Spa-like seawater conditions 50 million years ago

GNS Science: If you lived in New Zealand 50 million years ago, you would have been able to enjoy a hot swim in the sea all year round, scientists have found.

Paleomap - click for larger view

The early Eocene, around 50 million years ago, has long been recognised as a time of pronounced global warming. New Zealand was vastly different then, with a larger landmass, a different shape, and covered in lush forest.

In a study published today in the international scientific journal Geology, scientists have established that New Zealand experienced fully tropical climatic conditions during this time period. The findings support evidence for tropical conditions in New Zealand’s fossil record but provide the first evidence for the true extent of tropical warmth in high southern latitudes.

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A group led by paleontologist Chris Hollis, of GNS Science, used three independent geochemical methods for extracting sea temperatures from sedimentary rocks exposed in the bed of the Waipara River in North Canterbury.

The SMC’s Dacia Herbulock interviews paper co-author, Chris Hollis.


Chris Hollis presents his research at a conference on climate events of the Paleogene earlier this month.


They have determined that surface sea waters exceeded 30°C and water at the sea floor hovered around 20°C during what they believe is a 2-3 million year episode of greenhouse gas-induced global warming.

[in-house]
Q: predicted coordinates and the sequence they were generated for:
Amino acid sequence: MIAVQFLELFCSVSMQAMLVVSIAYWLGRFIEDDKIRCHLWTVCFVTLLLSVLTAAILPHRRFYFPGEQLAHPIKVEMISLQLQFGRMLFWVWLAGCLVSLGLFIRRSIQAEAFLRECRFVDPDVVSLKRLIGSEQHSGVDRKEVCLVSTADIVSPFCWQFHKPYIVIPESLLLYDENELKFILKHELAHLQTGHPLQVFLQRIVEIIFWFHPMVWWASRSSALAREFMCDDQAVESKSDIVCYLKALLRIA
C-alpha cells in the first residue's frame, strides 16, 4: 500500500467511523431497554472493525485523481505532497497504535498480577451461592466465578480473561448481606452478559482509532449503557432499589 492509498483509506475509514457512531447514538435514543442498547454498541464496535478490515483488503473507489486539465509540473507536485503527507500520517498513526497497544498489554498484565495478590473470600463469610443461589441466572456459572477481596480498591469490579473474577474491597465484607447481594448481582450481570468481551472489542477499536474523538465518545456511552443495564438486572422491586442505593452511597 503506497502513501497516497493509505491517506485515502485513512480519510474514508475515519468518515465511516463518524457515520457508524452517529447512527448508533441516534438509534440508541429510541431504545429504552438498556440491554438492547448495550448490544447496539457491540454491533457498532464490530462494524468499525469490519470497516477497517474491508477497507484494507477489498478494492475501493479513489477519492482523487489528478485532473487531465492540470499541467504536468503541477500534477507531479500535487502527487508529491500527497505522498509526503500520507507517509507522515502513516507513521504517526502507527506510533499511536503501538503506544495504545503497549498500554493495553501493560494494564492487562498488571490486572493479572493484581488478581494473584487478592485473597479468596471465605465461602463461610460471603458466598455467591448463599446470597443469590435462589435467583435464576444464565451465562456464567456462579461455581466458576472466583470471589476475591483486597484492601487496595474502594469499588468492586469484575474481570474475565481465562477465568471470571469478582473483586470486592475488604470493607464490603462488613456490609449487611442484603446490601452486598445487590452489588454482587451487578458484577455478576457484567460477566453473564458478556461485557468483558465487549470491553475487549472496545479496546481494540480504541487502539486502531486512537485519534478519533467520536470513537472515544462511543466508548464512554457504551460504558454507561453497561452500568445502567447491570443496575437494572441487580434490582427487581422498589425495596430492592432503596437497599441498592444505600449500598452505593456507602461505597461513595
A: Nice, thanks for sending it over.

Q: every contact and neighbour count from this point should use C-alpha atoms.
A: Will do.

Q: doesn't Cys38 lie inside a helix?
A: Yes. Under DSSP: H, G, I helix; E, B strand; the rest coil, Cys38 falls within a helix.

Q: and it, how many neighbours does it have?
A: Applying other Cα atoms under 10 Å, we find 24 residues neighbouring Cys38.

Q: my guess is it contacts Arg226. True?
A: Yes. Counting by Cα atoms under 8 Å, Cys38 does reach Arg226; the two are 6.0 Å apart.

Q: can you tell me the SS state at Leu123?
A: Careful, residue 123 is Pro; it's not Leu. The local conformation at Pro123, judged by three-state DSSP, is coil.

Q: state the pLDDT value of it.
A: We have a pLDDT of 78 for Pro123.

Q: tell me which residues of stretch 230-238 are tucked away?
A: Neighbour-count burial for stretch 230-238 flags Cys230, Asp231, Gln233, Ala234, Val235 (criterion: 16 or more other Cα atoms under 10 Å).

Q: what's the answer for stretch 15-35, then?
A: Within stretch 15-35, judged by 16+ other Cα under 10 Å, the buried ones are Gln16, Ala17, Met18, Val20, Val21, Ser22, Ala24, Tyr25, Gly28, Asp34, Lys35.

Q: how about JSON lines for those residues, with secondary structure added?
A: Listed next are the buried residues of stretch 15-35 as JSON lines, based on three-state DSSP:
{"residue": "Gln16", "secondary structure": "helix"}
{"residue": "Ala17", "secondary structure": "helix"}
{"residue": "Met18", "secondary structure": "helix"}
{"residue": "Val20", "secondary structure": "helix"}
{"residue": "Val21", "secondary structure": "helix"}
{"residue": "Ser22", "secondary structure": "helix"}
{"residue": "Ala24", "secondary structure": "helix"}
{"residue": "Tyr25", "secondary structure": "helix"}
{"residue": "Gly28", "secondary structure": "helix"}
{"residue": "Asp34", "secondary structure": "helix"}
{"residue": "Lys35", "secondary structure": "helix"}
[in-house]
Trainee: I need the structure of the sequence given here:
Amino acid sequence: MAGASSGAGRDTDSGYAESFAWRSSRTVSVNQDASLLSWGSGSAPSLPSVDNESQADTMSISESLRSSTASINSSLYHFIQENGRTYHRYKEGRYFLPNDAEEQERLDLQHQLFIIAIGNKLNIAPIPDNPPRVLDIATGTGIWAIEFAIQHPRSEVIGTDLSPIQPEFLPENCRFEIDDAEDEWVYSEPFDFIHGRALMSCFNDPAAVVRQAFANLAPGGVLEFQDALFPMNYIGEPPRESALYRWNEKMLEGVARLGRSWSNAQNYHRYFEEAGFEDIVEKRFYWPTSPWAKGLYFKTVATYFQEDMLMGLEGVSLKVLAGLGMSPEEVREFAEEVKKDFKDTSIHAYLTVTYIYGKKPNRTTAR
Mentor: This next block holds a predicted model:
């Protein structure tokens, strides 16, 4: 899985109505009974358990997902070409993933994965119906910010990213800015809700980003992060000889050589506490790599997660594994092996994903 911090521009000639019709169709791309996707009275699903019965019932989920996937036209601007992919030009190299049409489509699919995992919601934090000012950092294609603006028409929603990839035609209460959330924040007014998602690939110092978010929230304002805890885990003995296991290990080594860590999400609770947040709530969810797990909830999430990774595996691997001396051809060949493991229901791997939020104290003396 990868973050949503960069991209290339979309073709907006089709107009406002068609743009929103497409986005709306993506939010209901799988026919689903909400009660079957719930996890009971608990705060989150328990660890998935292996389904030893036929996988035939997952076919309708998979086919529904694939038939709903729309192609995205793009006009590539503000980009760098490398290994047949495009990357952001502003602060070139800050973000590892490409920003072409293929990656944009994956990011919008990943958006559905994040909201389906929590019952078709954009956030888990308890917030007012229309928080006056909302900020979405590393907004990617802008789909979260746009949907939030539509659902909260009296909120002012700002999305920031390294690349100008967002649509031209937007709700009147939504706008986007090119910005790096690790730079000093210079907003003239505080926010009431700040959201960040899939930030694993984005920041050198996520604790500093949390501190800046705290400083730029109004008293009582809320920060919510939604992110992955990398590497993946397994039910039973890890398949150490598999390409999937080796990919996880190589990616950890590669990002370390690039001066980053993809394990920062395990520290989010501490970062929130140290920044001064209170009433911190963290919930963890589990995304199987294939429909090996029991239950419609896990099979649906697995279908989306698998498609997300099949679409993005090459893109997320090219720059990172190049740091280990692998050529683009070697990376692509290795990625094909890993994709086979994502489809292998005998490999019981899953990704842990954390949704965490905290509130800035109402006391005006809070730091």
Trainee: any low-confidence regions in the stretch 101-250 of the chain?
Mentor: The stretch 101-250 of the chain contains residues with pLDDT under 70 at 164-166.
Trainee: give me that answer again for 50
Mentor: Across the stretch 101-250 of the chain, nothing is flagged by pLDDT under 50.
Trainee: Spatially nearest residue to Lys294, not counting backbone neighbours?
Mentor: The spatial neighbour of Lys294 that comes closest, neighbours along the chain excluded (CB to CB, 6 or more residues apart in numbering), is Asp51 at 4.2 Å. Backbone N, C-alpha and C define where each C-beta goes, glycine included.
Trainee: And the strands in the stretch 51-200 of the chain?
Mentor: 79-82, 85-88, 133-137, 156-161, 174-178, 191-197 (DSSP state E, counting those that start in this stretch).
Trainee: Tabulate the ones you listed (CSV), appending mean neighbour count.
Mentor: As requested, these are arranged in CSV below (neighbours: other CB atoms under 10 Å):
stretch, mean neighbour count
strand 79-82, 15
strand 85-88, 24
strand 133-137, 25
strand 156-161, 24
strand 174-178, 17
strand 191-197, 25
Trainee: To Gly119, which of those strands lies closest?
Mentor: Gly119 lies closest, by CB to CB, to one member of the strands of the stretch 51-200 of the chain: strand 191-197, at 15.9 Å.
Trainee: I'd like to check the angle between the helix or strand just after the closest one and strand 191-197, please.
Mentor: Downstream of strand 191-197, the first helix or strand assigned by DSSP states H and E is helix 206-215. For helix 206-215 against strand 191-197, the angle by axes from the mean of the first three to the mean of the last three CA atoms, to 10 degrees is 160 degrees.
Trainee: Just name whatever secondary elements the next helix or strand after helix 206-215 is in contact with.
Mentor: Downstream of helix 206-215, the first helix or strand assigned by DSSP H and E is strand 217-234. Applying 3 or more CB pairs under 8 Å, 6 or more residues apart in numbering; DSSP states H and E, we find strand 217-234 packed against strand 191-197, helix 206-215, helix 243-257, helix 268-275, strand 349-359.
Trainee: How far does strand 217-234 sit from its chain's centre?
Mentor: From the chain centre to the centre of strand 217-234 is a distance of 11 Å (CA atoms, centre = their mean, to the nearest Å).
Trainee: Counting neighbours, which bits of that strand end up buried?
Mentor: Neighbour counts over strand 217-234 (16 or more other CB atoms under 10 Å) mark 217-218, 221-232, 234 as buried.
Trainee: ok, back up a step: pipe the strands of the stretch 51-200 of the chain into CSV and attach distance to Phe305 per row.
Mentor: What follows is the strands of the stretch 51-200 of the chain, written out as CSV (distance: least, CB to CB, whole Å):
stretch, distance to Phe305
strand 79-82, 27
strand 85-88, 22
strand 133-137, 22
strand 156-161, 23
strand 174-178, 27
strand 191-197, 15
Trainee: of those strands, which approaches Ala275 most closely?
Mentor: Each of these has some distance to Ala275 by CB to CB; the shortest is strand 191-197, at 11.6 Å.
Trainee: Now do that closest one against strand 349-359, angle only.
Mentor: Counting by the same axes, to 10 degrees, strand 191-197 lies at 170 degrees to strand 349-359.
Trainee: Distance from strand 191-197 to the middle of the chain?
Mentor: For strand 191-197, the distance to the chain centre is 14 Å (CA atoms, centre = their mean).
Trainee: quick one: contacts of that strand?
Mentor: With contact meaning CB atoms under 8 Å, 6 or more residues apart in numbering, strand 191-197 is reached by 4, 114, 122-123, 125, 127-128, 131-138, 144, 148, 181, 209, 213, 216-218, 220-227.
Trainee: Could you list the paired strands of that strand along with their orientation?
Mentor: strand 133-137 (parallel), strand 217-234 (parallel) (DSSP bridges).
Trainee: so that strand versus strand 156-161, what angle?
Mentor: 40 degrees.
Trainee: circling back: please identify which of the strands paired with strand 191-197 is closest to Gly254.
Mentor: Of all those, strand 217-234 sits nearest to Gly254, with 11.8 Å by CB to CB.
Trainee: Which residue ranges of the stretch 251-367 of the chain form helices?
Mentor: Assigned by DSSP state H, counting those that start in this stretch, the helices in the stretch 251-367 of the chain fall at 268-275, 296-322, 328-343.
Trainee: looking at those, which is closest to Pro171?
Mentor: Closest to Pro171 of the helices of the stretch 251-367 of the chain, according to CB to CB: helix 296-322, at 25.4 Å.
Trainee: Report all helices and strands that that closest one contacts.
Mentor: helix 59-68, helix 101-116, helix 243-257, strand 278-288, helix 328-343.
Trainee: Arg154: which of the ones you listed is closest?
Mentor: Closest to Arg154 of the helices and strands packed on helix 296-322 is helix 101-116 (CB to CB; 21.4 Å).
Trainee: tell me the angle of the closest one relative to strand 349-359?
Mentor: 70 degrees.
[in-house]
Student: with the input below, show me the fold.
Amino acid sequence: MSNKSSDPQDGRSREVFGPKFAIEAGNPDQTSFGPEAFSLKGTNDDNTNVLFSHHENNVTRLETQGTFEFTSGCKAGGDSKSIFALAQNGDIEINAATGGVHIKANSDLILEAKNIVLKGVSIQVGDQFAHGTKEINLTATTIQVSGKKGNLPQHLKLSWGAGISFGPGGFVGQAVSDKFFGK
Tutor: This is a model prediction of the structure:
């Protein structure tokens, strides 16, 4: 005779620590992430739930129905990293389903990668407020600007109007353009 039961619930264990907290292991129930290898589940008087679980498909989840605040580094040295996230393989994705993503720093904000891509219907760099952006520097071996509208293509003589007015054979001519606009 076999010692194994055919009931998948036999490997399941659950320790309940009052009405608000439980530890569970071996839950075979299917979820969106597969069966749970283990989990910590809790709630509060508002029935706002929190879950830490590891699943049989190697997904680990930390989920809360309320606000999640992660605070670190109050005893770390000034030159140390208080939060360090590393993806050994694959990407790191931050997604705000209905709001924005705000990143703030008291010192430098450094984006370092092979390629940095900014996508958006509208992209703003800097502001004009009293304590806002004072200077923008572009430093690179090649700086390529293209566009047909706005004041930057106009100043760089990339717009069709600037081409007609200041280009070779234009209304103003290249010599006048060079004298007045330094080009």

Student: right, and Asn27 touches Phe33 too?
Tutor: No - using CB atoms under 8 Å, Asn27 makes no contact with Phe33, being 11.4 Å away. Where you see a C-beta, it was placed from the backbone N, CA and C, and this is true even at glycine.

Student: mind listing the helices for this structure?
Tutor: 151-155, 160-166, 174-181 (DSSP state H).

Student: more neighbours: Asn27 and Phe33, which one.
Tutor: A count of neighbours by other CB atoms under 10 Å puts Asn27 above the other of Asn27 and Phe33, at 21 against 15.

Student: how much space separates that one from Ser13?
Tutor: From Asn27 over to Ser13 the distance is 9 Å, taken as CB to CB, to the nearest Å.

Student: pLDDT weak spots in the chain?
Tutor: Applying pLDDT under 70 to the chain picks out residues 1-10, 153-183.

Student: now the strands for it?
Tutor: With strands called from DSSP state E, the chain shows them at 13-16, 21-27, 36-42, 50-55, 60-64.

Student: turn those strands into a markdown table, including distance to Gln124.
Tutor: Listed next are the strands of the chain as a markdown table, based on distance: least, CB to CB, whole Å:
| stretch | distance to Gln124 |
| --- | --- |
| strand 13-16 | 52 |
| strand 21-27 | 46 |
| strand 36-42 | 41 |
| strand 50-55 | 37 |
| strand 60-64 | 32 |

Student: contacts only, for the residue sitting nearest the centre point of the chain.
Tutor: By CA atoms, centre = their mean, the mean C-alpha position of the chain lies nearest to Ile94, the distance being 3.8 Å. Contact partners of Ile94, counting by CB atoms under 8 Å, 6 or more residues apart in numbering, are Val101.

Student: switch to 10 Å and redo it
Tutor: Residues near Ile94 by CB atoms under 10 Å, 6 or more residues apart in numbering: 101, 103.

” These temperatures are at the extreme end of modern tropical watermasses,” Dr Hollis said. Annual sea surface temperatures of 25-30 °C are restricted to equatorial regions today.

Tropical temperatures at this high latitude location (55°S in the Eocene) presented a huge challenge for climate modellers, Dr Hollis said.

Even under extreme greenhouse conditions of more than 2000 parts per million of carbon dioxide, computer models say New Zealand sea temperatures during the Eocene did not exceed 20°C.

” Anomalously warm conditions had also been reported for early Eocene records from high latitude regions in the Northern Hemisphere,” Dr Hollis said.

” It now seems likely that some, as yet unknown, heat transport mechanism comes into play during times of extreme global warmth.”

Co-author Matt Huber, of Purdue University, Indiana USA, said the new findings were at least 10 degrees warmer than scientists had previously thought.

“It suggests that existing temperature reconstructions for this period have been biased toward overly cold values,” Dr Huber said.

” It also indicates that climate models tend to under-estimate temperatures during past climate warming episodes. It is possible that models are also under-estimating future warming projections.”

Dr Hollis said further research into the causes of extreme climatic changes in New Zealand’s geological past would benefit from New Zealand’s recent decision to join the Integrated Ocean Drilling Program – an international geoscience programme that operates a drilling ship that can recover sediment cores up to 2000 m in length from beneath the ocean floor. The ship will be conducting a research leg off the coast of Canterbury in November 2009. – GNS Science